A general murmur went through the room. “I’ll take that as a ‘yes,’” she said, and gestured with her hands like a bhangra dancer. The slit opened up into a wide gate, and the crowd began moving towards it.
Just as with boarding a school bus, it took forever for Chris to get through the gate and enter the Evening Land. When he finally did, the first thing Chris noticed was the horizons. It was lit down and in one corner by the big red ball of a setting sun that streaked the sky with dampened reds and oranges and even purples in all directions. Opposite the sun was a huge moon, shedding a light of yellow ivory, and between them the sky was the darkest of blues, only a few stars shining through.
Chris looked down. The light from the Even Sun seemed too weak and dim to fight the shadows that loomed everywhere, but, somehow, it did. Not so much as to dispel them, but to let him see deep into what should have been pools of darkness cast by trees, some of them almost like Dr. Seuss trees with high tufts of foliage at their crowns, and others with more conventional leaves. Directly ahead of them, with other kids already streaming in, was a tall, stone building with a broad door up a flight of steps in the middle and complex arches and windows and turrets at all levels, and window alcoves that came so low and full to the ground in the garden beds that they were almost alternate entrances. A more familiar yellow reading light spilled out of their windows.
“This way, please,” Tara McNeely called, apparently unimpressed by the exotic surroundings, like some world traveller who has seen everything at least twice. The kids surged ahead across the paved courtyard towards the building, up the stairs, and into the more brightly lit interior. Yet here, where the lights were bright and normal, the shadows seemed stronger than normal, more able to resist than “normal” shadows. In one, Chris recognised the Indian substitute player from their last game. She winked at someone behind Chris as he passed.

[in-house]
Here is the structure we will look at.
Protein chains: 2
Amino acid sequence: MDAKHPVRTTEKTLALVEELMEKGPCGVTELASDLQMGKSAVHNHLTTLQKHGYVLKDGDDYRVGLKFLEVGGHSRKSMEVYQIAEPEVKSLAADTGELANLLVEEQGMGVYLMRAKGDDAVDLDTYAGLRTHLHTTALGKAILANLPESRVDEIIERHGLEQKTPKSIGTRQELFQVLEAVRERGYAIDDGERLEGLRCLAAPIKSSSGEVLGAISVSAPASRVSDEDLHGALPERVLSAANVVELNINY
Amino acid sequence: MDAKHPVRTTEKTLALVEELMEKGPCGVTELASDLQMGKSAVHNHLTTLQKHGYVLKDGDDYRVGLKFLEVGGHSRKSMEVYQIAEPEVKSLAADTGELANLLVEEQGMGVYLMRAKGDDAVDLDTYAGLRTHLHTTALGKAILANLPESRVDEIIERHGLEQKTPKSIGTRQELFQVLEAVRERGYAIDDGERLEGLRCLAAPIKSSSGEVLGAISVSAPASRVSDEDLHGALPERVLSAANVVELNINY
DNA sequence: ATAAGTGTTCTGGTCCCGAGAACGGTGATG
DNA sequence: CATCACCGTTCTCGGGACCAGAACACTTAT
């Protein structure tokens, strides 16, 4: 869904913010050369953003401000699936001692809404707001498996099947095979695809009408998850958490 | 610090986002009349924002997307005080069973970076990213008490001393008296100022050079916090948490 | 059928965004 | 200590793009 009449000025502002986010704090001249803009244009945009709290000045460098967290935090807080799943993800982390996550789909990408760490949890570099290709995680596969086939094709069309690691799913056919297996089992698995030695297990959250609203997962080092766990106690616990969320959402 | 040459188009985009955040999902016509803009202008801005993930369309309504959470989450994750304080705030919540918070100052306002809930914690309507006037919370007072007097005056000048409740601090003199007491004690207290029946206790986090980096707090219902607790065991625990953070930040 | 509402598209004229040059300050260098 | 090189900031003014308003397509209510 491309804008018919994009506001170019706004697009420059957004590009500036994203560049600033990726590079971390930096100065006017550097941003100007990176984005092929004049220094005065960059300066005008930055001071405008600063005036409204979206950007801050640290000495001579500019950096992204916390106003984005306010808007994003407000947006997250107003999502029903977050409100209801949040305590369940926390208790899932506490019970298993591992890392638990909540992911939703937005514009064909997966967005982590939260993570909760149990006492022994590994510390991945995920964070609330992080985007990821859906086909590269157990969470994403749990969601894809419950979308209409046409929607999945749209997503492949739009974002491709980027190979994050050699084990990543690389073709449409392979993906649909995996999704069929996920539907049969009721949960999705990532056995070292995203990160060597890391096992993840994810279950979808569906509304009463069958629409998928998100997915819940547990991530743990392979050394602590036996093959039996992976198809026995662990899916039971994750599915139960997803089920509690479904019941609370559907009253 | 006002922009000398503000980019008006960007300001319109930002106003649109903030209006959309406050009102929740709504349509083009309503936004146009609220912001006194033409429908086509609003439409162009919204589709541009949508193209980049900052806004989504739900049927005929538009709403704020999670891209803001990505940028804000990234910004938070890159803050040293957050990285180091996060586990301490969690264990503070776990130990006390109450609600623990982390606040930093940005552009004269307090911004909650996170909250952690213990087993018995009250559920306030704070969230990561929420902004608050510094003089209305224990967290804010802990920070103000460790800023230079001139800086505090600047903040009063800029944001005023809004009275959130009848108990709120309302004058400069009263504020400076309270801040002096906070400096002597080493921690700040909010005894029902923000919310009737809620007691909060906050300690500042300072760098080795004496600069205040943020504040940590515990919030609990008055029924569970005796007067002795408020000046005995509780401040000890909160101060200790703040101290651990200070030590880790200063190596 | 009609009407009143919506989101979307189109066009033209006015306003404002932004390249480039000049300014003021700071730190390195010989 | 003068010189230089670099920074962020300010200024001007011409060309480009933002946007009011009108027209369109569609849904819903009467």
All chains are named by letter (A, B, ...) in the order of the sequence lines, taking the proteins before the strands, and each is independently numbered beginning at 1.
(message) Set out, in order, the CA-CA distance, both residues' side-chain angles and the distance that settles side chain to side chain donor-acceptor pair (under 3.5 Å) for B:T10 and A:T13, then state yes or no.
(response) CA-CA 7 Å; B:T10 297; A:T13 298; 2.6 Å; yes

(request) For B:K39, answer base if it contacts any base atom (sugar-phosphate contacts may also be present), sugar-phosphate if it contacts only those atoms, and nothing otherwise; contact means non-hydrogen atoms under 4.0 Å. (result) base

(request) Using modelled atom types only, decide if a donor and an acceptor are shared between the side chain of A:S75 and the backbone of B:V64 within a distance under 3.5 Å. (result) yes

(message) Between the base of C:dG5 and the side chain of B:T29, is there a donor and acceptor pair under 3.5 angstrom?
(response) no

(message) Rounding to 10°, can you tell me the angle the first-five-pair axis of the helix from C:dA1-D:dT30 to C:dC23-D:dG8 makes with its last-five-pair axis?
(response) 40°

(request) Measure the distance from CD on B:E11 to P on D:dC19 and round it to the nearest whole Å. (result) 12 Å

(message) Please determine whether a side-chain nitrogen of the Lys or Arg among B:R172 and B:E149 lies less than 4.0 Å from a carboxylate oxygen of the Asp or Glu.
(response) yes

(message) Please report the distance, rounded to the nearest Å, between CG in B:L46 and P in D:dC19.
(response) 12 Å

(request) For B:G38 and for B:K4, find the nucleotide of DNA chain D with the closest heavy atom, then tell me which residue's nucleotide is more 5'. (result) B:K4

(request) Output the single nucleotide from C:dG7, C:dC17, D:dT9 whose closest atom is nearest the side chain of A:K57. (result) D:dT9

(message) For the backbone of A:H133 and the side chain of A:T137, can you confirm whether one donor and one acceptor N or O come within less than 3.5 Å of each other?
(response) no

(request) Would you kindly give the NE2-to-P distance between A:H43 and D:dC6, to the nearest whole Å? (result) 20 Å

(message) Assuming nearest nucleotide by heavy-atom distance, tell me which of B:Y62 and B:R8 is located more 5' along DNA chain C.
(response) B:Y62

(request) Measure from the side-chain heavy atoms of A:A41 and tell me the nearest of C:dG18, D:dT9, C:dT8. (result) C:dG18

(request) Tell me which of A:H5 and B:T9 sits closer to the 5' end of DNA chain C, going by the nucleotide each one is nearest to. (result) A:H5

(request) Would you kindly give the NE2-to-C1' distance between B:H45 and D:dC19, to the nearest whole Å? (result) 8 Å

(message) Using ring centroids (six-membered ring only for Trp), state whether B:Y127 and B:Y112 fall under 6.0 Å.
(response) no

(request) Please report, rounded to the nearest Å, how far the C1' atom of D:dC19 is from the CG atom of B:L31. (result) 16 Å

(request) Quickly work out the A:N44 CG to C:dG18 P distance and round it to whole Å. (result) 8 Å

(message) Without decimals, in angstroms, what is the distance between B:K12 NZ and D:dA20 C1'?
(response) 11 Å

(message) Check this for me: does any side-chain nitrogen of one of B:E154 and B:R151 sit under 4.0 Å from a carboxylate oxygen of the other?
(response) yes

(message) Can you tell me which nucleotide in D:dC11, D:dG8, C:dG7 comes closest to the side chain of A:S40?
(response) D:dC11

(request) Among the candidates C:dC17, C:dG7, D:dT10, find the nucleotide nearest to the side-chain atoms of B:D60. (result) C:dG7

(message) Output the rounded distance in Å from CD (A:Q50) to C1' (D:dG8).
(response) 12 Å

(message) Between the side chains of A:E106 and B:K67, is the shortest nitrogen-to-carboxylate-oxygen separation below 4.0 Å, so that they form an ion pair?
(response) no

Then they spilled into a hall, and Chris was amazed again. The roof arched so many stories above them that Chris got dizzy just looking up at it, trying to make out details of the soaring stonework in the darkness. Dimly visible were lines of rigging tied off on the buttresses Stained-glass windows with intricate designs faced in all directions, so that on one side they were lit by the red light of evening, from the other by the yellow of Lythrum’s moon. Below that, walls of alternating shining black and white stone led up from intricately carved footings toward the windows, with silvered windows in golden frames. Katy Perry was playing on the sound system, and it seemed like the very stonework was piling onto the song, bringing it out and around to go right to Chris’s bones. Without even wanting to, he began tapping his feet to the music.
The crepe-paper chains and ribbons hanging against them looked a little out of place. The music died away after a moment, and a voice replaced it. “In the name of the Court of Vespers, Welcome to Lythrum, cricketeers! Rejoice and live, before night falls.”